i need help

- anonymous

i need help

- Stacey Warren - Expert brainly.com

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- schrodinger

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- anonymous

@pooja195 @welshfella @Vocaloid @enchanted_bubbles

- anonymous

im geting link

- anonymous

http://gyazo.com/cff55741eed6525bda9bb63f0118fe5e

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## More answers

- amistre64

any thoughts?

- anonymous

i have no idea but i need help i have two more question and im done with my online school

- amistre64

it helps if you have an idea to work with ...
what are your definitions of a rational number and an irrational number?

- anonymous

i dont know what they mean

- amistre64

then you know have a point of study to focus on ... good luck

- anonymous

Do you still need help?

- SolomonZelman

\(\rm \LARGE Some~definitions:\)
------------------------------------------
\(\large\rm \color{blue}{Natural}~numbers\).
\(1\) , \(2\), \(3\), \(4\), \(5\), \(6\), \(7\)... and so on
\( \rm Addition:\)
Like any number of workers that can build a house. 0 workers can't do that, nor can 45.7 (because there is no such a thing as 45.7 people) workers do this. A number of workers to make a house has to be a "natural number" see?
------------------------------------------
\(\large\rm \color{blue}{Whole}~numbers\).
\(0\) , \(1\) , \(2\), \(3\), \(4\), \(5\), \(6\), \(7\)... and so on
So the "whole numbers" include everything that "natural numbers" include, BUT, "whole numbers" also include 0.
------------------------------------------
\(\large\rm \color{blue}{Integers}\).
... \(-5\) , \(-4\) , \(-3\) , \(-2\) , \(-1\) , \(0\) , \(1\) , \(2\), \(3\), \(4\), \(5\) ...
((includes everything that whole numbers includes, but also adds on negative numbers - as I showed))
------------------------------------------
So once you know these, I can start to explain more complicated terms as rational numbers and irrational numbers.

- SolomonZelman

------------------------------------------
\(\large \color{blue}{\rm Rational}~\rm numbers.\)
this set includes everything that "Integers" includes, but it can also be:
1. Fraction
2. Repeating decimal or Terminating decimal
3. Regular decimal that doesn't go on forever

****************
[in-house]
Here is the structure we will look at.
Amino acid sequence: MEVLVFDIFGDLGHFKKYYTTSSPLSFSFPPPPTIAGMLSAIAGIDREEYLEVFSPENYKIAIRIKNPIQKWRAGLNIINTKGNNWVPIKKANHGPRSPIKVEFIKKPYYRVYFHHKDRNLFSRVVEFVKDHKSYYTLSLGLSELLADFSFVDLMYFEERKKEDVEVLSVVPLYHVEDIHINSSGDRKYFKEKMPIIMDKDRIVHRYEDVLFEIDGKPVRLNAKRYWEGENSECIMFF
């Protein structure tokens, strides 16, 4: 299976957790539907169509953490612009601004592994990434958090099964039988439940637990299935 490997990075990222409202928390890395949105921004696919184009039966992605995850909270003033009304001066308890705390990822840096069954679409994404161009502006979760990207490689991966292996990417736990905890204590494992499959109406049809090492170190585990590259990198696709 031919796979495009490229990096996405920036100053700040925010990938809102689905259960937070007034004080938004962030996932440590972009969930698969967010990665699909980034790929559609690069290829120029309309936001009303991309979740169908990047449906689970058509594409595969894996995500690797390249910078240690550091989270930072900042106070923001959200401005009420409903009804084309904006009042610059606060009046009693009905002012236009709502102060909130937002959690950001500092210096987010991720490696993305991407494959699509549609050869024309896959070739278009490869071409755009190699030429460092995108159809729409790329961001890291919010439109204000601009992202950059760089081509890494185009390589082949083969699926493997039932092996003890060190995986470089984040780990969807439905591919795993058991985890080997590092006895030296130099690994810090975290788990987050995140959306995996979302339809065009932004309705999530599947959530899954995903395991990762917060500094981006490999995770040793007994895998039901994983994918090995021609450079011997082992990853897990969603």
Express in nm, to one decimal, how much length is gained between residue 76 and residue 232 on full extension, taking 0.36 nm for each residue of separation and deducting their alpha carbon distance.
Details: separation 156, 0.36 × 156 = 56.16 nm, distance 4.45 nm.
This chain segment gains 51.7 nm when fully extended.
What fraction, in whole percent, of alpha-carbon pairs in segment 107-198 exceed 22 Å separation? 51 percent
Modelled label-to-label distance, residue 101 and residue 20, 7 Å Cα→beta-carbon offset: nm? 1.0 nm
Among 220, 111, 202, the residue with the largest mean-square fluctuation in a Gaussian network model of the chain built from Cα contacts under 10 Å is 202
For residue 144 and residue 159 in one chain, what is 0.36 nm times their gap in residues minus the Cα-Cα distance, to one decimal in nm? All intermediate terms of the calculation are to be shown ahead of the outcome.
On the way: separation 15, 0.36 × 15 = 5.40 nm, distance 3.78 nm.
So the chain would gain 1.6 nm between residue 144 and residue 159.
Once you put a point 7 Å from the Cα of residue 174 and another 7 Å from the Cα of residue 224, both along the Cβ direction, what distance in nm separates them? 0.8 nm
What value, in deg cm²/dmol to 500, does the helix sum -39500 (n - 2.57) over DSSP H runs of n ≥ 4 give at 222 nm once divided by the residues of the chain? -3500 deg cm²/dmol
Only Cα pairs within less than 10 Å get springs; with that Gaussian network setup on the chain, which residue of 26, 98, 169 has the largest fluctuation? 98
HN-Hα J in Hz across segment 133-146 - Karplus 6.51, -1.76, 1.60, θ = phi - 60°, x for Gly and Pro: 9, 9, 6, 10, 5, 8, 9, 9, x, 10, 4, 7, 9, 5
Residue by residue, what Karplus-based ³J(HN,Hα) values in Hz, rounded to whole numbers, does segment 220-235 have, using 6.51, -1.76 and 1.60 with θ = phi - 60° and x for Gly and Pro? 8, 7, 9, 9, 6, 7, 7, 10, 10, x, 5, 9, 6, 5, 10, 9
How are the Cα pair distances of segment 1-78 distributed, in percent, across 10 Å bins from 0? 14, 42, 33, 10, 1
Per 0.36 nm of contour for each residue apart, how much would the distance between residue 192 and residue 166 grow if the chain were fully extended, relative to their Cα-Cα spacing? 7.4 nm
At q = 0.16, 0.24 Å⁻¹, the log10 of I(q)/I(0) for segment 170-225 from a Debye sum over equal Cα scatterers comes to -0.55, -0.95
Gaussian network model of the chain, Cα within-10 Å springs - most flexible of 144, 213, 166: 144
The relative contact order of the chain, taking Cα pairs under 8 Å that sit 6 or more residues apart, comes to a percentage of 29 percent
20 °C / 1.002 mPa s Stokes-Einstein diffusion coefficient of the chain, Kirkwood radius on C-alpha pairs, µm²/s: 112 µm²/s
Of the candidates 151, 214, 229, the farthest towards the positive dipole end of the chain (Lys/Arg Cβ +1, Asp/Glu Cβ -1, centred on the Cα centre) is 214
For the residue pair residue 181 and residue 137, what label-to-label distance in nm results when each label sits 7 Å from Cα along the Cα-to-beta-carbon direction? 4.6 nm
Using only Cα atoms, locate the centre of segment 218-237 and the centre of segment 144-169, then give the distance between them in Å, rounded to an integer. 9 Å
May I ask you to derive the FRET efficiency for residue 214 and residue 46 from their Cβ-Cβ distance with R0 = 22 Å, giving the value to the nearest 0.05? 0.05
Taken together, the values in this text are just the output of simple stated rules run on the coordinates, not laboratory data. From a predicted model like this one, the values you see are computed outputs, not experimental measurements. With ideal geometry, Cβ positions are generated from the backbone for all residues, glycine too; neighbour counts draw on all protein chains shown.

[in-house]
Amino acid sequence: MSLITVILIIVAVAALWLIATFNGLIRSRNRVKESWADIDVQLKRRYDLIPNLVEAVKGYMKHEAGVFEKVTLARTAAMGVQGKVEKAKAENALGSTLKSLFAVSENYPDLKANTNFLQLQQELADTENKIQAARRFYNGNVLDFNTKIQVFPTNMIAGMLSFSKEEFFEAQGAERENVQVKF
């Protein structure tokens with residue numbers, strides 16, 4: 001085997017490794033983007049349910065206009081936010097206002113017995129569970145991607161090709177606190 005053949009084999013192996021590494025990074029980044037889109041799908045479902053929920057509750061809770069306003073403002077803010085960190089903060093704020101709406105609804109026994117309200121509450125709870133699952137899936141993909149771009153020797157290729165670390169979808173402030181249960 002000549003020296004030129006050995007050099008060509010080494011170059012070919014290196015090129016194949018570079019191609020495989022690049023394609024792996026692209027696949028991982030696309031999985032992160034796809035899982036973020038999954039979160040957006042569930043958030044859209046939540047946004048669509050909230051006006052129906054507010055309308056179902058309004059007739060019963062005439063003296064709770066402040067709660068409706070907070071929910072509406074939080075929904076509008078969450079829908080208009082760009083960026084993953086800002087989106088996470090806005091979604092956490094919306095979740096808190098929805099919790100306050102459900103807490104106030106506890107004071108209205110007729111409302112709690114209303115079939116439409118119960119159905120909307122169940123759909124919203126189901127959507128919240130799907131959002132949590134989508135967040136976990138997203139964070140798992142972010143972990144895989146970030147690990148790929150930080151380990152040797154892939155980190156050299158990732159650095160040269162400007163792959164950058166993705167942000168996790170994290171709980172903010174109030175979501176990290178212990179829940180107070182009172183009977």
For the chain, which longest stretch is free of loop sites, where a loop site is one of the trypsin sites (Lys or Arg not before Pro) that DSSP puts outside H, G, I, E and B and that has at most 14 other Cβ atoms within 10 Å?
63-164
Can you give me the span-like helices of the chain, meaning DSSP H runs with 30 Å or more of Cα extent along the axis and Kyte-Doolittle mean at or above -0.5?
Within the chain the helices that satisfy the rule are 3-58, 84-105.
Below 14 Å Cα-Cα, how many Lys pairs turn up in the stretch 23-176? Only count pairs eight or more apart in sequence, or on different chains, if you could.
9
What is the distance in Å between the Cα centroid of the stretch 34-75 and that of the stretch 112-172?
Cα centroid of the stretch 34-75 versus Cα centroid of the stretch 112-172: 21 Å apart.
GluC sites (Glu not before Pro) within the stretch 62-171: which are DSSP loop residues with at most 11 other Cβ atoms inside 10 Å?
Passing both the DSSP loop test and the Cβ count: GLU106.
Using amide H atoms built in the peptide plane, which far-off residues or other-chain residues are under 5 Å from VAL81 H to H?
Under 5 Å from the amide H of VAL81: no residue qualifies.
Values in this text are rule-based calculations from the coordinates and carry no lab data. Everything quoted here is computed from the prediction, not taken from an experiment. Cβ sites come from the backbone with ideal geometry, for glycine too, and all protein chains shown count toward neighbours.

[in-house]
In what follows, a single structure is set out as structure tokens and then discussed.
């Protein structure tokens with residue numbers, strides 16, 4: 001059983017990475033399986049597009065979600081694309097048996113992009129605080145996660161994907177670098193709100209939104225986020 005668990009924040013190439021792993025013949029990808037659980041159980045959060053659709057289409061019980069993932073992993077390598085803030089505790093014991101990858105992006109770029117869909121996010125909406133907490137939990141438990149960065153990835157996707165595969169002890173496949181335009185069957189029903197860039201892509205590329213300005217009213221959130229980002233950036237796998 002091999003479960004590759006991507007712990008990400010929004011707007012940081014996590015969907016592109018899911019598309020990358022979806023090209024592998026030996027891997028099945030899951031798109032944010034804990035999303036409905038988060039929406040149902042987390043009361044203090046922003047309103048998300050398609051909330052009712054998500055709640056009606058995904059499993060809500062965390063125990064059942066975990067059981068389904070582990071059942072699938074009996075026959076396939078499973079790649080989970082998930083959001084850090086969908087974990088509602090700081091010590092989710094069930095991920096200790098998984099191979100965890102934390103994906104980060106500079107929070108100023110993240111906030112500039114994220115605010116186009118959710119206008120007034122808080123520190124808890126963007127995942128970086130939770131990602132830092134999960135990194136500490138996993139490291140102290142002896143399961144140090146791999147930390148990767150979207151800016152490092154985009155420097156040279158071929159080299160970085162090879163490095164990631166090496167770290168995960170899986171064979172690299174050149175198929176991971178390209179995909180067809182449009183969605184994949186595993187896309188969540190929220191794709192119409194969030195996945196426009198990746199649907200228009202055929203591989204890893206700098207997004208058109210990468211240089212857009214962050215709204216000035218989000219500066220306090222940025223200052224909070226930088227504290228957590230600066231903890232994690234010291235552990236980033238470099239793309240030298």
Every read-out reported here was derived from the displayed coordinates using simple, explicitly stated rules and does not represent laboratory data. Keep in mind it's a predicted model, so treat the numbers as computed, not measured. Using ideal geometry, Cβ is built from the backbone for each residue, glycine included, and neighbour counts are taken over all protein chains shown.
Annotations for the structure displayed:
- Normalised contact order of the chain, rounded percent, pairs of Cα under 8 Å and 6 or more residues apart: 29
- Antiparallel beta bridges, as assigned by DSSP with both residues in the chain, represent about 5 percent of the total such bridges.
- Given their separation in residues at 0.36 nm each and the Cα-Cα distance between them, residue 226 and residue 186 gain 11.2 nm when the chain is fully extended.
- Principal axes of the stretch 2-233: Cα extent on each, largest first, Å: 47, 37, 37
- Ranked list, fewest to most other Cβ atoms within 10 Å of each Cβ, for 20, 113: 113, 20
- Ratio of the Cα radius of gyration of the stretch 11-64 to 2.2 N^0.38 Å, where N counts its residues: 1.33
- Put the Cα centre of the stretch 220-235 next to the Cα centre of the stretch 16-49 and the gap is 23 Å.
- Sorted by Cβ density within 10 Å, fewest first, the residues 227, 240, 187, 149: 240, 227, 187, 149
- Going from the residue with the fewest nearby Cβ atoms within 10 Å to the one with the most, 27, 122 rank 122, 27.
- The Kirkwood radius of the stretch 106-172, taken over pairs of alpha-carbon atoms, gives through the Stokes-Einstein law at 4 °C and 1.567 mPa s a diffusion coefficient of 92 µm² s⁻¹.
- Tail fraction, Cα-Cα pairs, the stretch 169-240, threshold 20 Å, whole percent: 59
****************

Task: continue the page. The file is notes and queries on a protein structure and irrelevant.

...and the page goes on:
- anonymous

SO WHAT DOES THAT MEAN sorry caps

- SolomonZelman

I am just explaining the terms, well - at least trying to do this....

- anonymous

so can i copy and paste

- SolomonZelman

copy and paste what?

- anonymous

what you say

- SolomonZelman

I use latex sometimes, so you might not always be able to copy paste it the same way as I have it.

- anonymous

so what is the answer cause ill never understand

- anonymous

its too much of a short period of time to learn soo much

- SolomonZelman

---------------------------------
\(\large \color{blue}{\rm Irrational}~\rm numbers.\)
this set DOES NOT include any of the previous sets.
it is a set of numbers that are abstruse (hard to understand) so to speak.
1. Euler numbers \(\bf (\) \(\pi\) and \(e\)\(\bf )\)
2. square roots (or other roots with different powers)
IF THESE ROOTS DON'T SIMPLIFY TO A RATIONAL VALUE

- anonymous

so thats anwer

- SolomonZelman

so an irrational number would for example be
√32

- SolomonZelman

No, nothing of what i said is the answer.

- anonymous

oh taht irrational

- anonymous

whats rational

- SolomonZelman

All I am doing right now is thta I am explaining the definition of the terms you have to know to do this problem.

- SolomonZelman

so irrational number - roughly, we can define it this way for now - is a square root of a number (if this number is not 1, 4, 9, 16 25, or any other number that is a perfect square)

- SolomonZelman

ok, can you classify the following number for me:
\(\rm 1)\) 7.7
\(\rm 2) \) 7.9
for me please? (Which group/set do they belong to?)
options:
\(\rm a.\) natural numbers
\(\rm b.\) whole numbers
\(\rm c.\) integers
\(\rm d.\) rational numbers
\(\rm e.\) irrational numbers

- anonymous

i belive its c

- anonymous

right

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